Sexism Detection on a Data Diet


There is an increase in the proliferation of online hate commensurate with the rise in the usage of social media. In response, there is also a significant advancement in the creation of automated tools aimed at identifying harmful text content using approaches grounded in Natural Language Processing and Deep Learning. Although it is known that training Deep Learning models require a substantial amount of annotated data, recent line of work suggests that models trained on specific subsets of the data still retain performance comparable to the model that was trained on the full dataset. In this work, we show how we can leverage influence scores to estimate the importance of a data point while training a model and designing a pruning strategy applied to the case of sexism detection. We evaluate the model performance trained on data pruned with different pruning strategies on three out-of-domain datasets and find, that in accordance with other work a large fraction of instances can be removed without significant performance drop. However, we also discover that the strategies for pruning data, previously successful in Natural Language Inference tasks, do not readily apply to the detection of harmful content and instead amplify the already prevalent class imbalance even more, leading in the worst-case to a complete absence of the hateful class.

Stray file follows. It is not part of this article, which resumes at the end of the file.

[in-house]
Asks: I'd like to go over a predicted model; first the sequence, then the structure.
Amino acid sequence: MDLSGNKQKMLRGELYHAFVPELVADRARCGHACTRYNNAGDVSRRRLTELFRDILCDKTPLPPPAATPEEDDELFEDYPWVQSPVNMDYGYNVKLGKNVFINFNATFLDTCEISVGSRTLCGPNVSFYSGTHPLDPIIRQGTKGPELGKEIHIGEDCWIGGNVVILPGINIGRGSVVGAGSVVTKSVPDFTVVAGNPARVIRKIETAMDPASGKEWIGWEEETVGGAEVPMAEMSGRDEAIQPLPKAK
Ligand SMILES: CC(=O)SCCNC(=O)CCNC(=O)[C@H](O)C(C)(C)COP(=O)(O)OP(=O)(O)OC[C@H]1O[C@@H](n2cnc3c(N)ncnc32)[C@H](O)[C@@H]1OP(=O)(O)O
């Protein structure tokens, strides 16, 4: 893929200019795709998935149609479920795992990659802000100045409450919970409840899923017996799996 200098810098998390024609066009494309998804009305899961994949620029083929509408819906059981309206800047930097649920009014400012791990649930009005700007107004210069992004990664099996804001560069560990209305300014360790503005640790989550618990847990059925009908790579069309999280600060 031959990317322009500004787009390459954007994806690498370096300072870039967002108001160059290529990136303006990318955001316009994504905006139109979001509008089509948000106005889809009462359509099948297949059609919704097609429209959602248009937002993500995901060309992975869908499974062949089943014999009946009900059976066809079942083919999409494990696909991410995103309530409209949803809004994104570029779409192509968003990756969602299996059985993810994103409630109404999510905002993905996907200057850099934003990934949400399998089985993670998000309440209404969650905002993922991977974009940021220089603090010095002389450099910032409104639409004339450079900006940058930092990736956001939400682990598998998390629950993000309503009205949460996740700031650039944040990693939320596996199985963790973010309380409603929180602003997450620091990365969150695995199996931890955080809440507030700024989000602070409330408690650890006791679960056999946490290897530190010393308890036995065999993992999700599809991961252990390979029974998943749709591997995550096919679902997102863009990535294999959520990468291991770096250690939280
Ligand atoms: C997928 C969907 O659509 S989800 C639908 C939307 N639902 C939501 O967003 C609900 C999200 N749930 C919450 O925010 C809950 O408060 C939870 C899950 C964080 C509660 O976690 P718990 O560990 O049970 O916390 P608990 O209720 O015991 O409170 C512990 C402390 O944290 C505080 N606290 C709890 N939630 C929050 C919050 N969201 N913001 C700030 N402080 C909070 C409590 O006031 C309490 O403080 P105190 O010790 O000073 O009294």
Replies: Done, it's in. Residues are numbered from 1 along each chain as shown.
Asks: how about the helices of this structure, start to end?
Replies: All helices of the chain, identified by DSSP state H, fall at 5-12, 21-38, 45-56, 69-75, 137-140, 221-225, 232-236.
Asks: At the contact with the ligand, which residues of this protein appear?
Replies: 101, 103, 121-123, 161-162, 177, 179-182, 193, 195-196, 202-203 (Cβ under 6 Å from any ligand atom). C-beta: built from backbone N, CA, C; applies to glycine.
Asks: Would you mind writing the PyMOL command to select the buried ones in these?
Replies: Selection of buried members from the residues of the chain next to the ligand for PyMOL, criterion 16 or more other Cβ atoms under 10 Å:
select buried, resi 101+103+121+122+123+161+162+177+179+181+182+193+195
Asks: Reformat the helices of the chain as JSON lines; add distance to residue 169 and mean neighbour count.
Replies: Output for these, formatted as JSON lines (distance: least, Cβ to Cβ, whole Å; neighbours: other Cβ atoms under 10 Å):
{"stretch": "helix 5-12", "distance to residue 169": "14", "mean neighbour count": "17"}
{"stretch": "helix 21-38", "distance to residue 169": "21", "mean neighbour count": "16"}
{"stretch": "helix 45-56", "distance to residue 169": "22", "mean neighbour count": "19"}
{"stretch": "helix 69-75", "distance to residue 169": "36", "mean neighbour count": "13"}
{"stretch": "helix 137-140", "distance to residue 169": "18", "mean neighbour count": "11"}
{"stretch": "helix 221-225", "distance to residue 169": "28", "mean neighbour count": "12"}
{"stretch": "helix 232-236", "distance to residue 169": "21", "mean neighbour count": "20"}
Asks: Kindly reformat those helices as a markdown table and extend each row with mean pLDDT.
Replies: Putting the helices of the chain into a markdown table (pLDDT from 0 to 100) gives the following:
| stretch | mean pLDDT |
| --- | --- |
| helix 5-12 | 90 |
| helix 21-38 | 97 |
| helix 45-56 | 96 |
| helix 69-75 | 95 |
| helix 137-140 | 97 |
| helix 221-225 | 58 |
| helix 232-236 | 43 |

Companion Publication of the 16th ACM Web Science Conference
Dennis Assenmacher
Dennis Assenmacher

My research interests include distributed robotics, mobile computing and programmable matter.